In order to use Nix to fetch Ruby and Node dependencies, two external tools called bundix and yarn2nix are used to convert the Gemfile, Gemfile.lock, package.json and yarn.lock into Nix format. The shell script update.sh can do this for you, from the root of the soapbox source tree, inside or outside of a container:

[~/soapbox]$ nix run -f develop.nix updateScript -c update.sh

This may have to download a lot of packages the first time you run it. update.sh also updates Gemfile.lock and yarn.lock if any changes have been made to the Gemfile or package.json.

Creating a development shell

Once the dependency files are up to date, create a shell (in the container, if you plan to run Soapbox Legacy there) with:

[~/soapbox]$ nix-shell develop.nix

This might have to download a lot of packages the first time you run it. It will create a shell containing the Ruby bundle; other packages needed by Soapbox Legacy such as ffmpeg; yarn, nodejs, and goreman; and will recreate the node_modules subdirectory with all packages called for by yarn.lock. (After the recreation a yarn install will print messages like it is installing everything, but it will run very quickly and end up with the same package versions.)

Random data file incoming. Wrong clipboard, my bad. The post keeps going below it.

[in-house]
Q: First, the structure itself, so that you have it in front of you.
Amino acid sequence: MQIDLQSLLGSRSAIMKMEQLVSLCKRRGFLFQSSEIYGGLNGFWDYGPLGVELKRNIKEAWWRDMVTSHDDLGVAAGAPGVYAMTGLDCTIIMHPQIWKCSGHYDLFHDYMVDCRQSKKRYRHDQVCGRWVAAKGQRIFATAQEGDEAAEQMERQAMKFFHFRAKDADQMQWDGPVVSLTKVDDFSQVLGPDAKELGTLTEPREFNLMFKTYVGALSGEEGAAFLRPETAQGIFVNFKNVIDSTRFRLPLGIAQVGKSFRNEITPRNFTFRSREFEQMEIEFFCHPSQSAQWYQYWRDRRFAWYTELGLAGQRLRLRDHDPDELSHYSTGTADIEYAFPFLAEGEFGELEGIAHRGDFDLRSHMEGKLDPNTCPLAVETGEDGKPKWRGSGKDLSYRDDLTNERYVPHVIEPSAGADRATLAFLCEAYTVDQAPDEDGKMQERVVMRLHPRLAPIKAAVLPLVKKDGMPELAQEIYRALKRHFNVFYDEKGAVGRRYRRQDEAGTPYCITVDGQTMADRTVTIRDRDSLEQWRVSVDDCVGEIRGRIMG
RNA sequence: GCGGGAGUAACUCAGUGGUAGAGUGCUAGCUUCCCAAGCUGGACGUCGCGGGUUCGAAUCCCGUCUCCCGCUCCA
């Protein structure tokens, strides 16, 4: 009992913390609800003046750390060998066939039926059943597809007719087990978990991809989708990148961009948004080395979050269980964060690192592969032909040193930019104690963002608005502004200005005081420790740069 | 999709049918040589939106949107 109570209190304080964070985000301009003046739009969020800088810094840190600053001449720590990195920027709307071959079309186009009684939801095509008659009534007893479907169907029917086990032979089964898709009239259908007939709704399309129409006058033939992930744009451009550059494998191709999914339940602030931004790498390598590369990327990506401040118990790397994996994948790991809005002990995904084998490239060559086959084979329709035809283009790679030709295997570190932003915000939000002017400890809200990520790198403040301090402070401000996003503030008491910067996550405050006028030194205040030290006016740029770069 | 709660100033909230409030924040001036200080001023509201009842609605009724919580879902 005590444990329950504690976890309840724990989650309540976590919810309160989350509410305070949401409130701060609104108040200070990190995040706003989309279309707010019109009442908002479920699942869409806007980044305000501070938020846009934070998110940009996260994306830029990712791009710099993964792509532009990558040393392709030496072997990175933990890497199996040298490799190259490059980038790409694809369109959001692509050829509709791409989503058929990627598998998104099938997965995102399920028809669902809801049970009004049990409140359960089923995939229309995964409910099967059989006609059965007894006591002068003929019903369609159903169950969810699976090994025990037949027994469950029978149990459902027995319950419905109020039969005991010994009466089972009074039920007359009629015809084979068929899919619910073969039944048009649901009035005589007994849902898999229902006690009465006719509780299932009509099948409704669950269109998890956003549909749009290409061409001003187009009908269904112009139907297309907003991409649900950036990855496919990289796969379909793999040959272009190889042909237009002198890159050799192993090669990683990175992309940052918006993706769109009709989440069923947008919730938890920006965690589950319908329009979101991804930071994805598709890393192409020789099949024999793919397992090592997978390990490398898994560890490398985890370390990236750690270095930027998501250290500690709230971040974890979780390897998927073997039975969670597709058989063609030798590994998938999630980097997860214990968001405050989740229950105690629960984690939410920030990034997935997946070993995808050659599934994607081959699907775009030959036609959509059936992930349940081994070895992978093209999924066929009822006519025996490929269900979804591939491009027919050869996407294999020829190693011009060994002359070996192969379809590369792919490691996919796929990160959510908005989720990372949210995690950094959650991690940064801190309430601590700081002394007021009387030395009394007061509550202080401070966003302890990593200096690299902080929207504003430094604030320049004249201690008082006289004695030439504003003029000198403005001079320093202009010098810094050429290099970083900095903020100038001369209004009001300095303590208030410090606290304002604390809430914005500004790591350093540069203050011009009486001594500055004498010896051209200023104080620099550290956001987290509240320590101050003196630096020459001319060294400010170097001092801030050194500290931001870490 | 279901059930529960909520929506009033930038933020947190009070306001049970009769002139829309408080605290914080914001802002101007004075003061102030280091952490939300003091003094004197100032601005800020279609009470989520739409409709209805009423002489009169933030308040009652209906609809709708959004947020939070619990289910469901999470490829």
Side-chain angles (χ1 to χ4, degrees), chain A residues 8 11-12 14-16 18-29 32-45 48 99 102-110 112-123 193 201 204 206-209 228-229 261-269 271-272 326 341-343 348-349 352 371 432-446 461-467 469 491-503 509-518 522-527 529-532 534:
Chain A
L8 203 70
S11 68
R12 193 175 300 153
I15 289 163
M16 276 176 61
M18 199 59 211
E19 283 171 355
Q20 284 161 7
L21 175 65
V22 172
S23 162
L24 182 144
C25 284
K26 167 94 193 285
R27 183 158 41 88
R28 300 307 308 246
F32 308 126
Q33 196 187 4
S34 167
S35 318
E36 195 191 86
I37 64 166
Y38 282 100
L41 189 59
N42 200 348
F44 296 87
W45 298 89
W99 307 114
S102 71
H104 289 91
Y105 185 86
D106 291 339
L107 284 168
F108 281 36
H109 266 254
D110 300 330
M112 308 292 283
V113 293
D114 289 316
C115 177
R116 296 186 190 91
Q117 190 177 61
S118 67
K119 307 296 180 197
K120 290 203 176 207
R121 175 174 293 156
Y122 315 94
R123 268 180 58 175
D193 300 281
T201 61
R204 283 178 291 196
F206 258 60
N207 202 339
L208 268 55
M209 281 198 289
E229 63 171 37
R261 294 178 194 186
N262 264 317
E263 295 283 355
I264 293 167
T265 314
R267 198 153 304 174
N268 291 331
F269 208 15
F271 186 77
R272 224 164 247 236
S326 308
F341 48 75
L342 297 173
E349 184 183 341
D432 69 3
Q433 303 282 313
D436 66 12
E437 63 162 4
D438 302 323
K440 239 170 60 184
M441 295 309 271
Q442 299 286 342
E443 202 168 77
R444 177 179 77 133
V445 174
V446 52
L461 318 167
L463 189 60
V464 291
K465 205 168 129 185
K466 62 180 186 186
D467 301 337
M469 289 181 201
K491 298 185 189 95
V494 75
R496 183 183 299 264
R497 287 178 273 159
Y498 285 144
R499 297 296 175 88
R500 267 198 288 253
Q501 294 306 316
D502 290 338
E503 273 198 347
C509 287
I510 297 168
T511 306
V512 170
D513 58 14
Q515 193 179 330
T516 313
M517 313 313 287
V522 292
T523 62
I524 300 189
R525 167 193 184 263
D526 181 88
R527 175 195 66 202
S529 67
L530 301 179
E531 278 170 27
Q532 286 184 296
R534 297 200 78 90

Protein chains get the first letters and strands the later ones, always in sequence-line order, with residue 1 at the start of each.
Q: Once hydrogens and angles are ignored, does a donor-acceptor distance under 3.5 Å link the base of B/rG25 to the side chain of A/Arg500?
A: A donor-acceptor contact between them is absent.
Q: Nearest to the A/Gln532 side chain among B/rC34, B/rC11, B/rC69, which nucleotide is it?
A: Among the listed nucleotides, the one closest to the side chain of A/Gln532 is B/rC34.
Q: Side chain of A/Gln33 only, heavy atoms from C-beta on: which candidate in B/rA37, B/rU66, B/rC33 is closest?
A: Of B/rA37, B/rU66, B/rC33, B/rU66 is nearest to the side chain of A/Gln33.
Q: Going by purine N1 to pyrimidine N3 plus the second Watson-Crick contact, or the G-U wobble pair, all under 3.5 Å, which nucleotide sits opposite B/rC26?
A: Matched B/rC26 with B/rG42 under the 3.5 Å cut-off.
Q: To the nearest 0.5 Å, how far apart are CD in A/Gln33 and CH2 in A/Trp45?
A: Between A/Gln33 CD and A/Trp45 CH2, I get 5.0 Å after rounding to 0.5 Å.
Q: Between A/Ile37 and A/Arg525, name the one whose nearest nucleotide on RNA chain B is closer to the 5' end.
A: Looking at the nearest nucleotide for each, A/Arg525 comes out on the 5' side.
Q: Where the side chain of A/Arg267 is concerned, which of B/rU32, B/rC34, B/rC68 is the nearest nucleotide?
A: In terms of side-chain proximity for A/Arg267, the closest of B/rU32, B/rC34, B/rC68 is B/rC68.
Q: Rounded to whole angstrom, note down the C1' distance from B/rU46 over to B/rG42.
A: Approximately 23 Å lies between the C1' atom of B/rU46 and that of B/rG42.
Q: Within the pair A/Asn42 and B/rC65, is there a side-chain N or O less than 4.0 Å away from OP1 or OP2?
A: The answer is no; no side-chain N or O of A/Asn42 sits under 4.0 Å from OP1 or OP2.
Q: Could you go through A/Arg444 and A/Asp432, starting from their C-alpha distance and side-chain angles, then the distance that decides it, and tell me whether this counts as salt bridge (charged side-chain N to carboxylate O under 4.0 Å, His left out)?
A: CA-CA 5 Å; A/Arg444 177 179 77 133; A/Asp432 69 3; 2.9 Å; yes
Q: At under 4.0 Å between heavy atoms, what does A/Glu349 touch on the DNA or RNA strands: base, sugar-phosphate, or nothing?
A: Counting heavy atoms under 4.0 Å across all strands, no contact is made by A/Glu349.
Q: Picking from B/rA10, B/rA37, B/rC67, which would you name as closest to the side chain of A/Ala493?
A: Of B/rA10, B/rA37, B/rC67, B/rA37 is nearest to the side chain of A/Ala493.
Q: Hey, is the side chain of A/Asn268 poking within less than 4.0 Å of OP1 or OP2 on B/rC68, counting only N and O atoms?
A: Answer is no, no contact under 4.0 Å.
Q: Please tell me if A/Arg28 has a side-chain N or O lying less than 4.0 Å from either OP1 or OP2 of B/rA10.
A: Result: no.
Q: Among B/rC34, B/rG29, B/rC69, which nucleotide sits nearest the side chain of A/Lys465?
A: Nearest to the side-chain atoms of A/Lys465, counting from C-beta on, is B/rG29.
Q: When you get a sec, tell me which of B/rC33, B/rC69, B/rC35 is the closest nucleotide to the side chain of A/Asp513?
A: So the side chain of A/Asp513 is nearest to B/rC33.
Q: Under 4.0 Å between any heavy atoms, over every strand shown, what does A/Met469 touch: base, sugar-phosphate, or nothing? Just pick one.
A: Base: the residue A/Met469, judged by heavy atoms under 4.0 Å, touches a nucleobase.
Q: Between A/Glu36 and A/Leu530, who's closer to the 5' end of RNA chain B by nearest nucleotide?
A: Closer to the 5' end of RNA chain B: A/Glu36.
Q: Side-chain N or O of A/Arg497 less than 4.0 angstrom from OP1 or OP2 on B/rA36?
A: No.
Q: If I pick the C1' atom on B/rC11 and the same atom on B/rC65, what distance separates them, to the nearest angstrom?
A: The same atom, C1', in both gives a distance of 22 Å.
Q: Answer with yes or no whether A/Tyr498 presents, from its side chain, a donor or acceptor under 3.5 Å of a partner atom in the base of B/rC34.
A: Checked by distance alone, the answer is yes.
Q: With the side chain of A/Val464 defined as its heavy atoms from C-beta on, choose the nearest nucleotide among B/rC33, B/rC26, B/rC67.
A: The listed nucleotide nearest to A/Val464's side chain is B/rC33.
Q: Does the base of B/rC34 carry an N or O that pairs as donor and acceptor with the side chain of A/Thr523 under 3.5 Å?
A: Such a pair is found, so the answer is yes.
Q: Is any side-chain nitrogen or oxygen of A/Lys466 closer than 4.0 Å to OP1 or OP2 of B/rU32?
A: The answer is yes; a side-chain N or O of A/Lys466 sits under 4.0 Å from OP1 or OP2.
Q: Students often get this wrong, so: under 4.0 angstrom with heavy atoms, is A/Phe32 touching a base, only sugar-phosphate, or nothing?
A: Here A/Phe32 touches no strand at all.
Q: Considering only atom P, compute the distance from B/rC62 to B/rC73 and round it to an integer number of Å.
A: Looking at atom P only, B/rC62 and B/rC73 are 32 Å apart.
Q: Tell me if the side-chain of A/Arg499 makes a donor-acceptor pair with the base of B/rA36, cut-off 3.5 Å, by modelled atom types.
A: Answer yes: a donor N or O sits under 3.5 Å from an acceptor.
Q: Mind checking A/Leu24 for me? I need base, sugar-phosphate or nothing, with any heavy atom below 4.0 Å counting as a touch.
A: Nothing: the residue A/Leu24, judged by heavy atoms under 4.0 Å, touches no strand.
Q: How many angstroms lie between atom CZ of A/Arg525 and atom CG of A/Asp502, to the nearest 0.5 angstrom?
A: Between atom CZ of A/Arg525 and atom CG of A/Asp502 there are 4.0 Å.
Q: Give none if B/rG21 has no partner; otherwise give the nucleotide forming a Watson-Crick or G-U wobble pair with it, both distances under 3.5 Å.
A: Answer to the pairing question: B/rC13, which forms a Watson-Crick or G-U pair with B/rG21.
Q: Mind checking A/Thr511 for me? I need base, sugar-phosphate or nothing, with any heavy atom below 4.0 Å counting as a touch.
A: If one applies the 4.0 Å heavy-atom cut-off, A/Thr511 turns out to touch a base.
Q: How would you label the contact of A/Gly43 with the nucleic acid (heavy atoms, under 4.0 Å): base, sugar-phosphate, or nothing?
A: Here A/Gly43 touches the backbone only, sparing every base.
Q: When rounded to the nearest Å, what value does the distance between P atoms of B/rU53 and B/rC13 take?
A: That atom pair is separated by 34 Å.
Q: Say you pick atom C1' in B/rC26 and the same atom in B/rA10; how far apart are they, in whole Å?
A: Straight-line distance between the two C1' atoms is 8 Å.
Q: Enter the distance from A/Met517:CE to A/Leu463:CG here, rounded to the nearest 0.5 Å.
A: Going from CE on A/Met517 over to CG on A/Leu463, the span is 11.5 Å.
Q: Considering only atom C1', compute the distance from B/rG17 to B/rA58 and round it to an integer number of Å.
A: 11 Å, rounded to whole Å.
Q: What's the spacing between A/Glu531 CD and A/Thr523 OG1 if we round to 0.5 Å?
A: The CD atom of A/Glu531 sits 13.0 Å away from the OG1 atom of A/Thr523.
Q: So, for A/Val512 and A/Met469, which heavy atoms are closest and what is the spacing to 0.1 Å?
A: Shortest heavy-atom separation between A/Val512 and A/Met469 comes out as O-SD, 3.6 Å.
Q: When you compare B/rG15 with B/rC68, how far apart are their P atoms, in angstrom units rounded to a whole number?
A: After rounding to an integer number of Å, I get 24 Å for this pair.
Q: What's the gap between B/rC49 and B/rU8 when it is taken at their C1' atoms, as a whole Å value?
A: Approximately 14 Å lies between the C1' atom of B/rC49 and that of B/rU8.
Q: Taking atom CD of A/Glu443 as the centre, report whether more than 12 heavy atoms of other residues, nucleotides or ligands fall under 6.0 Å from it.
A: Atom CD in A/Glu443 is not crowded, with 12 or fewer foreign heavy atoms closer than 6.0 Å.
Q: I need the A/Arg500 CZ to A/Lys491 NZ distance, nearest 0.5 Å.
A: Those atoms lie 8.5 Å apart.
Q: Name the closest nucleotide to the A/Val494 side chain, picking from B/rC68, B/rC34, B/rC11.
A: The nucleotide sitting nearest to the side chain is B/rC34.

When you update or change a Ruby or Node dependency, or check out a git revision with different dependencies, exit from this shell, run update.sh again, and then create a new nix-shell.

bundle exec problem

I don't know why, but the bundle executable created by nix-shell fails with infinite recursion. By bisecting the Gemfile, I found that the problem is associated with http_parser.rb and goes away if you revert it to 0.6 from the git revision given in the Gemfile. However, that git revision is there to fix a bug (tootsuite/mastodon #7467) and was meant to be an interim fix until the update of the http gem to v5, but we are stuck on v3 because we depend on a couple of other undermaintained gems, goldfinger and ostatus2 which have not yet been updated to accept http v4. These are problems we have inherited from Mastodon.